Local psychiatrist Dr. Gary Swanson discusses rising suicide rates and how to help | News | Pittsburgh | Pittsburgh City Paper
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Local psychiatrist Dr. Gary Swanson discusses rising suicide rates and how to help 

"If a patient is depressed or a suicide risk, we are trying to reduce their access to firearms because that has been shown to be particularly helpful in reducing completed suicide."

Dr. Gary Swanson - PHOTO COURTESY OF ALLEGHENY HEALTH NETWORK
  • Photo courtesy of Allegheny Health Network
  • Dr. Gary Swanson

As has become common when high-profile people take their own lives, the recent deaths of Kate Spade and Anthony Bourdain have thrust the topic of rising suicide rates back into the American spotlight. Nationally, rates have been increasing for decades; suicides in Allegheny County are higher than average. Dr. Gary Swanson, longtime psychiatrist at Allegheny General Hospital, spoke with City Paper about suicide and how to help people in need.

Is there any reason for the rising suicide rates?
I am not sure if we have a good understanding or explanation for it. We see people who overdose on opiates, but it can be hard to figure out if it was suicide or an accident. But we do know that substance abuse can lead to depressed mood. That can lead them to the decision to commit suicide.

In the past, some suicides may not have been reported. Sometimes, people “died of mysterious circumstances,” and that would have been it. It wouldn’t have been disclosed, I think people are a little more open to that now.

We also know that there has been an increase in depression rates in the population over the last 50-60 years. We do see depression as being more common and that may be why we are seeing more suicide.

Any specific reason why the Pittsburgh region is seeing above average suicide rates?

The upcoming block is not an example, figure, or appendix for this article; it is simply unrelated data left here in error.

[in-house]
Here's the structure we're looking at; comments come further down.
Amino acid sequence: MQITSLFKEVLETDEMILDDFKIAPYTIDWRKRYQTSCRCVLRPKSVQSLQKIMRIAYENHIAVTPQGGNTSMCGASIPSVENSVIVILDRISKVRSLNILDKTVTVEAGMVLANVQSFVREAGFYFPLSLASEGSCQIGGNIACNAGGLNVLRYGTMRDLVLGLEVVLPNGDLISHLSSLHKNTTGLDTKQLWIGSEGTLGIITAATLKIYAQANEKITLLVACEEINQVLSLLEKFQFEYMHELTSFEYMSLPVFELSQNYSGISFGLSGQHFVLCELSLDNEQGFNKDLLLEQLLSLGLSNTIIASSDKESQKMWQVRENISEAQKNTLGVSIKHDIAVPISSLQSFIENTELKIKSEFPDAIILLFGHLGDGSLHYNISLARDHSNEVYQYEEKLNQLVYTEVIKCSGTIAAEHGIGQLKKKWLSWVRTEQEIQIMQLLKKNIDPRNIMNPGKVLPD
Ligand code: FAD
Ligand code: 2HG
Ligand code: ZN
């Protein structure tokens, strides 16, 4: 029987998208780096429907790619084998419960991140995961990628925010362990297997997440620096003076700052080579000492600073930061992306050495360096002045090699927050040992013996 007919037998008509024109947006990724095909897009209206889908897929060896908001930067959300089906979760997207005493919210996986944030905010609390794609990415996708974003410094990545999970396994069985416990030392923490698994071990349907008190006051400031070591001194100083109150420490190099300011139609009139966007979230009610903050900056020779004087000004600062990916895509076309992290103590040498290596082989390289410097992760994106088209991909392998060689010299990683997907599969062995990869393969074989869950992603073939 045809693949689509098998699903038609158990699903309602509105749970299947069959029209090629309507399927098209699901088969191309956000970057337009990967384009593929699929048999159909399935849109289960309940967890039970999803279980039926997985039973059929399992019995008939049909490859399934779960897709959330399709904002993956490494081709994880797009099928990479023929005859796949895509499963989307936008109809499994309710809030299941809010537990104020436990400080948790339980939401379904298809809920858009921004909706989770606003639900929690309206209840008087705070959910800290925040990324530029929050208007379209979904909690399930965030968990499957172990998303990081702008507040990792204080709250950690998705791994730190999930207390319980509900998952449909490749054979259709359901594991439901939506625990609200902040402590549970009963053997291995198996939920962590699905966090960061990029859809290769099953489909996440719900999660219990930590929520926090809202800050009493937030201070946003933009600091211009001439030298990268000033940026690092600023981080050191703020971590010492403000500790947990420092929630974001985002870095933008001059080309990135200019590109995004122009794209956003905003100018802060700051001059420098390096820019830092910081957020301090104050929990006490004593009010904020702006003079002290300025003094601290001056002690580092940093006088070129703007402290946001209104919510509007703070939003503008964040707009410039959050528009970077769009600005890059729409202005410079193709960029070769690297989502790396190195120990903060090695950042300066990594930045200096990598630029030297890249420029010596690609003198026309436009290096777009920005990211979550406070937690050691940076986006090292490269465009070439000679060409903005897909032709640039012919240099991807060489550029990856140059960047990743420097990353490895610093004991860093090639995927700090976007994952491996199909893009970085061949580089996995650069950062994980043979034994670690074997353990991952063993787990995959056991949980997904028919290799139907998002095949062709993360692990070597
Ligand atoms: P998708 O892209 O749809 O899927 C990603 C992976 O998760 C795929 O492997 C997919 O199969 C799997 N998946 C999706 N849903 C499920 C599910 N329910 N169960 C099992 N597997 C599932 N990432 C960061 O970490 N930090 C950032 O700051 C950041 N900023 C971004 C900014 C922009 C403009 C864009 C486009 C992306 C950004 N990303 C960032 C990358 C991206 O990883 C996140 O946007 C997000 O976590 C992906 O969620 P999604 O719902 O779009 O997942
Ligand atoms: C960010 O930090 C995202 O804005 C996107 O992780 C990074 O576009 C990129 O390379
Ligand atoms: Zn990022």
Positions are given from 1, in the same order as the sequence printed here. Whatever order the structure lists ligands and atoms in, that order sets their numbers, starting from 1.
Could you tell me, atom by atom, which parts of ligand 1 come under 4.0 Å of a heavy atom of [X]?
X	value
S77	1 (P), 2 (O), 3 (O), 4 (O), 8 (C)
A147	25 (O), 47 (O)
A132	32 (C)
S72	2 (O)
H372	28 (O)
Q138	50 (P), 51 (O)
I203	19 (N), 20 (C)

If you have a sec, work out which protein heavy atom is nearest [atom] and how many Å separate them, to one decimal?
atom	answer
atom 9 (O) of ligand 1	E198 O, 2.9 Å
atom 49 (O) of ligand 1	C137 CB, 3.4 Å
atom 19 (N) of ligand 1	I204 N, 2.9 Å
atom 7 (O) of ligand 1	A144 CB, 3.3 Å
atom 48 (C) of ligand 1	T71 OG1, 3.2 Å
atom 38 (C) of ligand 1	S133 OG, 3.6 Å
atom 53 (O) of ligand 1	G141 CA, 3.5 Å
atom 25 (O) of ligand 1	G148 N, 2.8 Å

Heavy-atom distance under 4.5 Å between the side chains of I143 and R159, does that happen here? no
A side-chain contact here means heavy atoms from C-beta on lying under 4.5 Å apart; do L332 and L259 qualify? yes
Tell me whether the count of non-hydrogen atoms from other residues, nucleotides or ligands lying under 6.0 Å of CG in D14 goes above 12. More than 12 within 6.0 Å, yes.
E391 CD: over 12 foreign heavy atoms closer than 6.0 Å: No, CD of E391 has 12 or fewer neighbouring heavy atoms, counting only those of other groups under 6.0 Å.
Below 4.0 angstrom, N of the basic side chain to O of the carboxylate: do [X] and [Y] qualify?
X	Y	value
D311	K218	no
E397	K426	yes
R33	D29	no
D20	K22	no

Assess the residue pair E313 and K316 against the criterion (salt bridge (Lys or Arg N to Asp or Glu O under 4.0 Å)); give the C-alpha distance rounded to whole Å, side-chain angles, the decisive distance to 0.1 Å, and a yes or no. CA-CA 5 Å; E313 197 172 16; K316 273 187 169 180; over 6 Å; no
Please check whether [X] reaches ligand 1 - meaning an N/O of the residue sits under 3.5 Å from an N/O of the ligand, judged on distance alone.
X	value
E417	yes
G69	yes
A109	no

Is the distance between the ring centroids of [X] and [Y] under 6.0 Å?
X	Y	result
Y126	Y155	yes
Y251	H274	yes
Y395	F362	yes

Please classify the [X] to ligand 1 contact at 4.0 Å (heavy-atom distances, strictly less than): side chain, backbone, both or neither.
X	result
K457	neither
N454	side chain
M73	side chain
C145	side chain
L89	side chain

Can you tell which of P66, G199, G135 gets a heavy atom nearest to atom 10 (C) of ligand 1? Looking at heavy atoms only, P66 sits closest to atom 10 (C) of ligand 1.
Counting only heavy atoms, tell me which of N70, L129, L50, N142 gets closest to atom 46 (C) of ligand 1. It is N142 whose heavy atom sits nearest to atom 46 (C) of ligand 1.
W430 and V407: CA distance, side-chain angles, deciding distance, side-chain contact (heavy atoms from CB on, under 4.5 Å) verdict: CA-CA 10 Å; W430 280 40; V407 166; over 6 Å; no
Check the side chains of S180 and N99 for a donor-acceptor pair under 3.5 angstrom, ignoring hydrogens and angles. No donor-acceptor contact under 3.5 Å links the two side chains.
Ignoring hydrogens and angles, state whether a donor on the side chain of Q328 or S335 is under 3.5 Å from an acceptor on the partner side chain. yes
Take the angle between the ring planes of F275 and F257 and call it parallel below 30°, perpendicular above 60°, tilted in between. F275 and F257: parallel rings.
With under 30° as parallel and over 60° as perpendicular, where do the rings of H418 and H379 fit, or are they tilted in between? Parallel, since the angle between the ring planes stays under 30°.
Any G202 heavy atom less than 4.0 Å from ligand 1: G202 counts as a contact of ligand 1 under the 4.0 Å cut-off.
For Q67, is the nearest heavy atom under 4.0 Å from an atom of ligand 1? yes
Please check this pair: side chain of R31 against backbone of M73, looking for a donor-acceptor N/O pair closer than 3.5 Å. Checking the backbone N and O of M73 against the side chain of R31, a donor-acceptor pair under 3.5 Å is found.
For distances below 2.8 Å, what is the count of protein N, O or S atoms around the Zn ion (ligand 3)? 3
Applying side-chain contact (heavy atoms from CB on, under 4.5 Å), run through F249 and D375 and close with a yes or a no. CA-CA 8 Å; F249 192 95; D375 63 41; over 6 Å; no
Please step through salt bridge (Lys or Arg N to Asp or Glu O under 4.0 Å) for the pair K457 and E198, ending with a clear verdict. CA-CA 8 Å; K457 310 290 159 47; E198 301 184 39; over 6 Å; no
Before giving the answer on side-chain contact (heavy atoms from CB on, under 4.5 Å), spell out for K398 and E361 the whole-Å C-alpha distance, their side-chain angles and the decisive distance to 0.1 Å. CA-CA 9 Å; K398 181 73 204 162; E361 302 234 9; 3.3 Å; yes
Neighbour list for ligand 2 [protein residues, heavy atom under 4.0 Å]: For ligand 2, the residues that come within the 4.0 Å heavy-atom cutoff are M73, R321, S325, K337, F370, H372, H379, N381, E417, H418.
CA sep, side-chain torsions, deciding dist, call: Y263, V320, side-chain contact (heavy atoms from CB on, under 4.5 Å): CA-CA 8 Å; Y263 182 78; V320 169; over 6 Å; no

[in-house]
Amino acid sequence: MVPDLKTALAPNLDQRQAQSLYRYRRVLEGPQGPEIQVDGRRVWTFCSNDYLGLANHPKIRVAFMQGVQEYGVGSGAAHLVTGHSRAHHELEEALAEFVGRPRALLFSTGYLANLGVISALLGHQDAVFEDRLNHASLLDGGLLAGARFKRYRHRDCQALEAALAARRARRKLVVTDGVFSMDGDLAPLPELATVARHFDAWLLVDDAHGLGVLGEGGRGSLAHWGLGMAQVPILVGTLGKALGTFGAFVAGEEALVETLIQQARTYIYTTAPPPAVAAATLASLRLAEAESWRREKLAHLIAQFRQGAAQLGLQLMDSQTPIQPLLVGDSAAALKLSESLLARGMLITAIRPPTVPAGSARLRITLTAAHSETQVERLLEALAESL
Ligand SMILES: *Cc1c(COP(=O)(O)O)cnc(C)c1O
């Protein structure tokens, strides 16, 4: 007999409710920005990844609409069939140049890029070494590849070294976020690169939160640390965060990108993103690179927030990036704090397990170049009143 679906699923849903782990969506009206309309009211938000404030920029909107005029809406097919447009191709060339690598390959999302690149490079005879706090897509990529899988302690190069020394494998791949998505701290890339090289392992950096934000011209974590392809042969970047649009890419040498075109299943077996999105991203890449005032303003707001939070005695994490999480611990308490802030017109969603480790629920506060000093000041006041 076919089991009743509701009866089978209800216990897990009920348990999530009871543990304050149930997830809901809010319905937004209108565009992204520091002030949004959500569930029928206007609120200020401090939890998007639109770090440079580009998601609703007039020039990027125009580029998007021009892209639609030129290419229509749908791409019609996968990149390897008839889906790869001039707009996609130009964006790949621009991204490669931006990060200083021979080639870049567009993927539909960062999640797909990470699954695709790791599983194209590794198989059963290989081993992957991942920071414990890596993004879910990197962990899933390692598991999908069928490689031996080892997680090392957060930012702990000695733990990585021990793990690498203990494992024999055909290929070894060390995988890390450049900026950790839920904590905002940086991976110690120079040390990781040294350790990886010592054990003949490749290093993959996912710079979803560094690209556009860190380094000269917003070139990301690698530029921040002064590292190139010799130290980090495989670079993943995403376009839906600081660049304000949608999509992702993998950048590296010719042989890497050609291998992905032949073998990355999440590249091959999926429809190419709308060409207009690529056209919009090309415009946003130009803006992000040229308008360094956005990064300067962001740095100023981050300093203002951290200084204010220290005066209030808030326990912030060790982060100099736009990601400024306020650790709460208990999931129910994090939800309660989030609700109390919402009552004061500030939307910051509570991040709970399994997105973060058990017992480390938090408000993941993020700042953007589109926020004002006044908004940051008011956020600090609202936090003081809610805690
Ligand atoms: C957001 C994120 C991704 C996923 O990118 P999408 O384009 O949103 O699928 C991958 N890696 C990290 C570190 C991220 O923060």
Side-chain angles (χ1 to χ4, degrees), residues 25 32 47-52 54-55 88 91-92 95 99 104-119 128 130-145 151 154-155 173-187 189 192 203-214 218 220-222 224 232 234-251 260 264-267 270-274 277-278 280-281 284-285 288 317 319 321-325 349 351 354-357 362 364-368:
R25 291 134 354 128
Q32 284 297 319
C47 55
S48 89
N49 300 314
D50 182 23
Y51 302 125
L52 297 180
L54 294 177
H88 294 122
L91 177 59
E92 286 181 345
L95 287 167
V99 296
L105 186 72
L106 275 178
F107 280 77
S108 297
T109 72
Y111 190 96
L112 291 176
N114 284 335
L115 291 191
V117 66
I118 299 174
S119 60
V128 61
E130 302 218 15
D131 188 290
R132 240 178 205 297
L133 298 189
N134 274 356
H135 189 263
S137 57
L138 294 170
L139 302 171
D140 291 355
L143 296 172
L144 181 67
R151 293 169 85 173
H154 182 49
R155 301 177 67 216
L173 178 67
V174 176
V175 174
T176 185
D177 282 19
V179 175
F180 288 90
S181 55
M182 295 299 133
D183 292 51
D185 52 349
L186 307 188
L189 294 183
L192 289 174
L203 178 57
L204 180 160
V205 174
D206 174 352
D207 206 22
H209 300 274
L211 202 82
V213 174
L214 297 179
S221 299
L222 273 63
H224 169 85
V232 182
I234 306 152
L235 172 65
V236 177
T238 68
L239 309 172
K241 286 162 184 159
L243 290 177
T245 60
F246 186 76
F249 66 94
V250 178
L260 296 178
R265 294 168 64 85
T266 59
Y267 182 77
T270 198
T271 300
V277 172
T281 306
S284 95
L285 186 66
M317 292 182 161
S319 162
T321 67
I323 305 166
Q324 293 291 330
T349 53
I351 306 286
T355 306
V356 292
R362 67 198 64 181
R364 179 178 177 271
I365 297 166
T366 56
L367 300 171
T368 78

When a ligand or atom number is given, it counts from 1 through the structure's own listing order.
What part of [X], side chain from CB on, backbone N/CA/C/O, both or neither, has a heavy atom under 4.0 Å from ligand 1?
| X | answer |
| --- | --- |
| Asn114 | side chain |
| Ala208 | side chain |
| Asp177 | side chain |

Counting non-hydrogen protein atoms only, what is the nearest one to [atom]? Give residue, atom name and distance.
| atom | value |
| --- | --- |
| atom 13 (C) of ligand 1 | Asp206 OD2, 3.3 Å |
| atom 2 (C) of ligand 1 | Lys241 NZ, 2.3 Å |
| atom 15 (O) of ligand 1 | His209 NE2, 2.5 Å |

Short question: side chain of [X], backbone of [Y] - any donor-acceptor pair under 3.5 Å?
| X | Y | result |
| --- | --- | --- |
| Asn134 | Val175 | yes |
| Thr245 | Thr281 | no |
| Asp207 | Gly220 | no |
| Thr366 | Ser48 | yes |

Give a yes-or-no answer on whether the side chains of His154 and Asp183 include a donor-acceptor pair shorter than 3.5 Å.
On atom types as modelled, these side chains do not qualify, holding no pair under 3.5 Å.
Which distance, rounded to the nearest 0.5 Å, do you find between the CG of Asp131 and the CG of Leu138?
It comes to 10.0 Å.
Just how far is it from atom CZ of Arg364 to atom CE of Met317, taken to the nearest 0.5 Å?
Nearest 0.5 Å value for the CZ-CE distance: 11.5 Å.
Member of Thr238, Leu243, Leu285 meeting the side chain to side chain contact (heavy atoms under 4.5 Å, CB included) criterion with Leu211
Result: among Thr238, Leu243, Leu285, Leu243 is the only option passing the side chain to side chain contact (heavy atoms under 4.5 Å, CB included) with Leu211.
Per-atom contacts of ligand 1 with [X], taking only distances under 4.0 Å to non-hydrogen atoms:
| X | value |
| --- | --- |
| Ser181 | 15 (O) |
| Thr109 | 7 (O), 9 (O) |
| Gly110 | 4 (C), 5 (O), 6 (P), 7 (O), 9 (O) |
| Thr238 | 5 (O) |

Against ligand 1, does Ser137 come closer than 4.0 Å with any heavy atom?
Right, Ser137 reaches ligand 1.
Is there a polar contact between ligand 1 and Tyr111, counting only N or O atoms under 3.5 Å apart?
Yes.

Older people can become discouraged with some of their infirmities and you can see some increased suicide rates there. And there are higher rates in suicide in white males. So you can look demographically and try to figure out if we are at a higher risk in that regard.

One thing that’s clearly associated with completed suicide is access to firearms. And Western Pennsylvania is a hunting community and there is a lot of access to firearms. If a patient is depressed or a suicide risk, we are trying to reduce their access to firearms because that has been shown to be particularly helpful in reducing completed suicide.

How can people help?
As far as what to say to someone who is struggling, most people will say “how are you doing?”. But you have to sort of get beyond that. If you really want to ask somebody about how they are doing, if you are concerned, you need to be willing to ask them some questions, spend some time and really listen.

People are often afraid to ask, “Are you so sad that you wished you weren’t alive?” That kind of open conversation is difficult to have. They are afraid that asking the question will put the thought in people’s head, but there is no data that says that happens. Sometimes people are relieved that you asked.

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